"Things can move after 40 years.They can move at the time of manufacture.If you remove metal that has residual stress,the areas you've already machined will move." I'm trying to strengthen some cases and expect welding any sort of strengthening to them will cause distortion, and maybe the heat involved will also weaken them. So am thinking I'll add thickness right across and beyond the weak area with shaped alloy plate epoxied on, plywood is made up of thin sheets glued together that becomes very strong, I don't see why it wouldn't be the same with alloy cases. I'm pretty sure the inner T/cover on an A65 is matched to the C/cases, so when buying C/cases its good if you can also get the timing cover so you get good alignment for the idler gear. How the t/gears mesh makes quite a difference to how quiet the motor is, a spring loaded split gear would be nice in there to change the gear clatter to a wizzing noise, which at least sounds more healthy even if it works no better.
Welding aluminum will loose its temper, you will have to heat treat it afterward if full strength is required. Welding T6 aluminum will bring it back almost to T0. On low strength parts the added material is sufficient. Why not use carbon fiber plate? The weak point is going to be the epoxy adhesion to the aluminum. I once saw a gearbox made with aluminum end plates and carbon tube in between. Plating a steel strip and inserting it in a shell is a simple, cost efficient way to make a bearing. I made a TS bush using a Caterpillar tractor wrist pin bush. I have never seen a white metal TS bush. I would be interested in a picture of one. Ever look at the wrist pin bore if a piston? You do not get that type if finish with a single point cutting tool on a lathe or mill. That is what a hone is for. Accuracy is in 10,000ths inch, more if you are doing precision work.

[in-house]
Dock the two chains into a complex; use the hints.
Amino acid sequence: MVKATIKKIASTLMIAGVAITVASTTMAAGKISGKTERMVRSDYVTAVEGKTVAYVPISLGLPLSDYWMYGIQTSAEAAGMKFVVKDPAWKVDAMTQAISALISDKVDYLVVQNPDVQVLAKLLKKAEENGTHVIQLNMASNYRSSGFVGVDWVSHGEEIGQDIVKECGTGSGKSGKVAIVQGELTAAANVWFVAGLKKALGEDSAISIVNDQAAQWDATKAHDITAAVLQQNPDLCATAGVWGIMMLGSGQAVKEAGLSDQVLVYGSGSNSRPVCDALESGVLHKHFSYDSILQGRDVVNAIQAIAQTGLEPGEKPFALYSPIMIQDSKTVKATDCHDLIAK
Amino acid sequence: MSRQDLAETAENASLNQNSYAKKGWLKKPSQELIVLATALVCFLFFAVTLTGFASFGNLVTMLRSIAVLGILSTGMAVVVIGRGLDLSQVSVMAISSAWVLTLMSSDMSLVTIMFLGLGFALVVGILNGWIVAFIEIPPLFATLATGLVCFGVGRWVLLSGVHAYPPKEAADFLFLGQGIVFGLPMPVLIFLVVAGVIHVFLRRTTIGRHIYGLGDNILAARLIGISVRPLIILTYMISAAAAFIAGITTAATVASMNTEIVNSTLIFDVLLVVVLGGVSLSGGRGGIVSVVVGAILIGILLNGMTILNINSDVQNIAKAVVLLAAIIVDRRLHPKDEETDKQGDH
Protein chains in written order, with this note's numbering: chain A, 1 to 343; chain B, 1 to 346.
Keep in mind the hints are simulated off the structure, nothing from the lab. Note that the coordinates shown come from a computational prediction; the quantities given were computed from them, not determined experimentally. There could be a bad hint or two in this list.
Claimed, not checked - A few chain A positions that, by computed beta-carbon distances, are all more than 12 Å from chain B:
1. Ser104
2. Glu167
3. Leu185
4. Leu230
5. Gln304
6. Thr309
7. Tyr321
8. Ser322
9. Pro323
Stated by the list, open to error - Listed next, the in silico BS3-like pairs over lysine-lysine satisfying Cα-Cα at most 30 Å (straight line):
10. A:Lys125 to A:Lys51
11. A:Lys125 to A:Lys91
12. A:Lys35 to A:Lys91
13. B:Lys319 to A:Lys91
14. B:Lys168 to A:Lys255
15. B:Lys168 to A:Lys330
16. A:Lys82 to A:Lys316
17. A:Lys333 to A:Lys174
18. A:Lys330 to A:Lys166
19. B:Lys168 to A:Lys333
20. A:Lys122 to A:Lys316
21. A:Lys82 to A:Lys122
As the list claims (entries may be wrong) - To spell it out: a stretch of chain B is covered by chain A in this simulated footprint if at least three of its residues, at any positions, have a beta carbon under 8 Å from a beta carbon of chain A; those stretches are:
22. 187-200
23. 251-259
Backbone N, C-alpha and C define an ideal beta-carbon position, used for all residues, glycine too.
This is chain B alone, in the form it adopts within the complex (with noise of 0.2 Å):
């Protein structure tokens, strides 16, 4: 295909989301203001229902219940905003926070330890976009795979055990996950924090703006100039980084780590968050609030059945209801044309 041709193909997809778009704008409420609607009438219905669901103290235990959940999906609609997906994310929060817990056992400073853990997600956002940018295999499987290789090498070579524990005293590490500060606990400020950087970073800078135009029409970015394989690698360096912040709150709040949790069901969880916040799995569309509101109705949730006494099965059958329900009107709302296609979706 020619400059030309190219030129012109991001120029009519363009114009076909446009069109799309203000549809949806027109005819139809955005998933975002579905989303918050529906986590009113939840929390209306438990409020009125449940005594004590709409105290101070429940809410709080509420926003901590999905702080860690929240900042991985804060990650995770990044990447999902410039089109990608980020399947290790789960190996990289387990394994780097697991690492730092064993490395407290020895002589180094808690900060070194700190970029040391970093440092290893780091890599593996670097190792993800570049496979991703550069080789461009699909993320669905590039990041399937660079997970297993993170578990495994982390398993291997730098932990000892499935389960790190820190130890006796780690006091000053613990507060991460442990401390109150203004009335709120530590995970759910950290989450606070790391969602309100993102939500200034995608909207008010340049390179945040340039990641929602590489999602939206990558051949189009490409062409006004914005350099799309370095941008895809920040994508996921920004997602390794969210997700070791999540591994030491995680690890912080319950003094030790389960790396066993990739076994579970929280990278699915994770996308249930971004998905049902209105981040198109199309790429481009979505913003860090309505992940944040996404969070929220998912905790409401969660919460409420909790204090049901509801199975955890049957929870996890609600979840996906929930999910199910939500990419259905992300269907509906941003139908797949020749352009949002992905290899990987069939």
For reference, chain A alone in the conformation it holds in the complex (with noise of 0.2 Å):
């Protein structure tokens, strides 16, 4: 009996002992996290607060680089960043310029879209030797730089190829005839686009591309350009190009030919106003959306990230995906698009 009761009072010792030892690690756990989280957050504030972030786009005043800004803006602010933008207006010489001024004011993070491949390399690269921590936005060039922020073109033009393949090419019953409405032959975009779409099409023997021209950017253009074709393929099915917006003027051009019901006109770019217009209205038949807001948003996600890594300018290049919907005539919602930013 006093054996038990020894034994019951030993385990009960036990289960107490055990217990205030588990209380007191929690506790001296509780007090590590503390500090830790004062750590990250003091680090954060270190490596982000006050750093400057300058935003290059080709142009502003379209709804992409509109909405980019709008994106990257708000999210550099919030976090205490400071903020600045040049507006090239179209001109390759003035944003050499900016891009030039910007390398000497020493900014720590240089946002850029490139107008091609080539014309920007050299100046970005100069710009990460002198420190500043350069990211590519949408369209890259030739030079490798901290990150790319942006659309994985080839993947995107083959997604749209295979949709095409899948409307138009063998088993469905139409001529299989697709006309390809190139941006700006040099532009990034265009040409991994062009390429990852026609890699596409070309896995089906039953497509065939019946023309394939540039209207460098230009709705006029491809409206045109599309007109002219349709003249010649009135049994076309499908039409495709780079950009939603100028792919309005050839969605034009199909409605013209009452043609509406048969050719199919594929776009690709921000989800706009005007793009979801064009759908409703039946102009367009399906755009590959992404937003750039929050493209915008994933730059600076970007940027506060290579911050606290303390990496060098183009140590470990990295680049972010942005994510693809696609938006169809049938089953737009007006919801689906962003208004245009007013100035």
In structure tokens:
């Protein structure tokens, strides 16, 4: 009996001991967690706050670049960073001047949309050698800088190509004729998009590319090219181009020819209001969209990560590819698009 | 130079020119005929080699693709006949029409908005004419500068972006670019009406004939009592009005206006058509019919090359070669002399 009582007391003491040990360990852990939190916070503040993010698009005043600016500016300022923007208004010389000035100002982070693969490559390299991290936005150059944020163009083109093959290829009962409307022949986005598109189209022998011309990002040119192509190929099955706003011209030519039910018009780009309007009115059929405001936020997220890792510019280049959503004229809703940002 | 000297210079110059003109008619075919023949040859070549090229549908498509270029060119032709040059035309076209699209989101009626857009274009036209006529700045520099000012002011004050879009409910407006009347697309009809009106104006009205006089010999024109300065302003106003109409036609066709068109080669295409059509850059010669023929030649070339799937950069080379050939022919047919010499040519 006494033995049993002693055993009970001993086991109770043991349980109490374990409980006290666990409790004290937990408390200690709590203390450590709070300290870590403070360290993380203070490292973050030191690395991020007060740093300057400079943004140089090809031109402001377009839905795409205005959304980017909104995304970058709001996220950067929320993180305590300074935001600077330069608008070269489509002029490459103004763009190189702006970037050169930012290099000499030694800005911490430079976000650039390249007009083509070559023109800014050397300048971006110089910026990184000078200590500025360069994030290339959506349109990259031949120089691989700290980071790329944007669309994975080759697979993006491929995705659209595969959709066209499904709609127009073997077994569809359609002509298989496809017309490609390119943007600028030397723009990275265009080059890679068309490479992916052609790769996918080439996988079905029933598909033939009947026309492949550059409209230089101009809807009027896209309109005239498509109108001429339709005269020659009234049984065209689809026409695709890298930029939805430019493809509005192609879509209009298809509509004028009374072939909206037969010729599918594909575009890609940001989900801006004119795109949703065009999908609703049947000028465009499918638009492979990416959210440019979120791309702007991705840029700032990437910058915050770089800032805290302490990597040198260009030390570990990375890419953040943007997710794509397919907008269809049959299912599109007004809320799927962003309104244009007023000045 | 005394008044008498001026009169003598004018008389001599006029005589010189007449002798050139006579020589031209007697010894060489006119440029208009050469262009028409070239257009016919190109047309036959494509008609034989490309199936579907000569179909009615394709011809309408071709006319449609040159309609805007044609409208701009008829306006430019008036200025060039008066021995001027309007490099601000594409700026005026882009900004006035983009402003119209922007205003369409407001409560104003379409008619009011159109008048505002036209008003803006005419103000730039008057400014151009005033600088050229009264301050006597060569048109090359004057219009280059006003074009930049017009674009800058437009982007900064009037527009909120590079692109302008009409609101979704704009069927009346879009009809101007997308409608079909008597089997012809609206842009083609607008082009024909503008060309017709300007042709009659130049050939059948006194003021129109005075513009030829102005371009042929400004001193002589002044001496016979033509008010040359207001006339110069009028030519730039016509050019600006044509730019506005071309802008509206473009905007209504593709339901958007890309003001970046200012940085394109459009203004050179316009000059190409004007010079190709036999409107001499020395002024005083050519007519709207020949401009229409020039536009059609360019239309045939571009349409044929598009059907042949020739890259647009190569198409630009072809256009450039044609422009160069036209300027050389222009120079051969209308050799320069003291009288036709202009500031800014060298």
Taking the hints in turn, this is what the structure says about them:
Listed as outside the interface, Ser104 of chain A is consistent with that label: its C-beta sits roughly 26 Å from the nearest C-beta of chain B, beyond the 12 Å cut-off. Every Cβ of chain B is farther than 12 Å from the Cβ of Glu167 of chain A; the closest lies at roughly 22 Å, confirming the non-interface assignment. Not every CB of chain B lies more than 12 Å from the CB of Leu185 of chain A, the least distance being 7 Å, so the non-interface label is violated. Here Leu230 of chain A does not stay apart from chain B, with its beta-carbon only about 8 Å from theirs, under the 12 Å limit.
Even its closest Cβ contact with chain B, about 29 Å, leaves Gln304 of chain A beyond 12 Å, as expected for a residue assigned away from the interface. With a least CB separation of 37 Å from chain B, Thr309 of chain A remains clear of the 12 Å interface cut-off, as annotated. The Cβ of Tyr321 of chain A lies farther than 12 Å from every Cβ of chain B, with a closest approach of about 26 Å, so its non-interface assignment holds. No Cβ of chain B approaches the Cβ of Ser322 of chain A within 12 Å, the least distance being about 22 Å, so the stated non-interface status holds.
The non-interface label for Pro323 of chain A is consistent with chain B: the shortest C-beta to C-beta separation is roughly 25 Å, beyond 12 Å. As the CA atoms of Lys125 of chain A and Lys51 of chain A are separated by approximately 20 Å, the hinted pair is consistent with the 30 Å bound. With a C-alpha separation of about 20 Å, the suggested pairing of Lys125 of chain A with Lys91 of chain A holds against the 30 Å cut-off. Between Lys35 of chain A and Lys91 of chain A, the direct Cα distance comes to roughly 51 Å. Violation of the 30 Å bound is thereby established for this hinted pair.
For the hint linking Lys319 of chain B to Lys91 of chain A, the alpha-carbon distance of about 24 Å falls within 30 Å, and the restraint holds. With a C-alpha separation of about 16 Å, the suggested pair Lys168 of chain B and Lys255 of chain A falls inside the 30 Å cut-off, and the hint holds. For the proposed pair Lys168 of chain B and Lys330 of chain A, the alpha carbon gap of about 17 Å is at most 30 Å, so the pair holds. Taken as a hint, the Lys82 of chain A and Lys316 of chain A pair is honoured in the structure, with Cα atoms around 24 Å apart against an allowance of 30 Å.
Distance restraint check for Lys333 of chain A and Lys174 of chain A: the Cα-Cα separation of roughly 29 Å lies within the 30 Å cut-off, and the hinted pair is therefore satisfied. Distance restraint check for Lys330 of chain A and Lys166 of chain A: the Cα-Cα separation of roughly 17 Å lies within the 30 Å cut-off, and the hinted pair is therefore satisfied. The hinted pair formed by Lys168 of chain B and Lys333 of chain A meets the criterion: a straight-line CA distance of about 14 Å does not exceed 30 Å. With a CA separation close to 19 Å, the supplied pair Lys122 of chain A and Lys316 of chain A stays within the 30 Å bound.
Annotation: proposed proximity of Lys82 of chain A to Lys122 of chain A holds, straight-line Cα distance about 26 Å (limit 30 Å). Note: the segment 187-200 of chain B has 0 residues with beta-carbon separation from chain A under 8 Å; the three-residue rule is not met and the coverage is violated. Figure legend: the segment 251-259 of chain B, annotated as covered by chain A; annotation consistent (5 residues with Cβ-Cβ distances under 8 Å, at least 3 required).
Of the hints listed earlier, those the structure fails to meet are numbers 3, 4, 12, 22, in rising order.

Things can move after 40 years.They can move at the time of manufacture.If you remove metal that has residual stress,the areas you've already machined will move.
We'll never know if a set of cases changed in 45 years or were never right in the first place unless we check alignment. That is why I don't subscribe to putting a pre-sized bushing in and grind the crank journal. If is isn't straight it will never last. Grinding the big end journals to fit undersize bearings is different. You only have to deal with rods that may need truing which is easily fixed are journals which is out of round or tapered and that is fixed with the grind. Alignment is not an issue with rods but it is with the main bearings.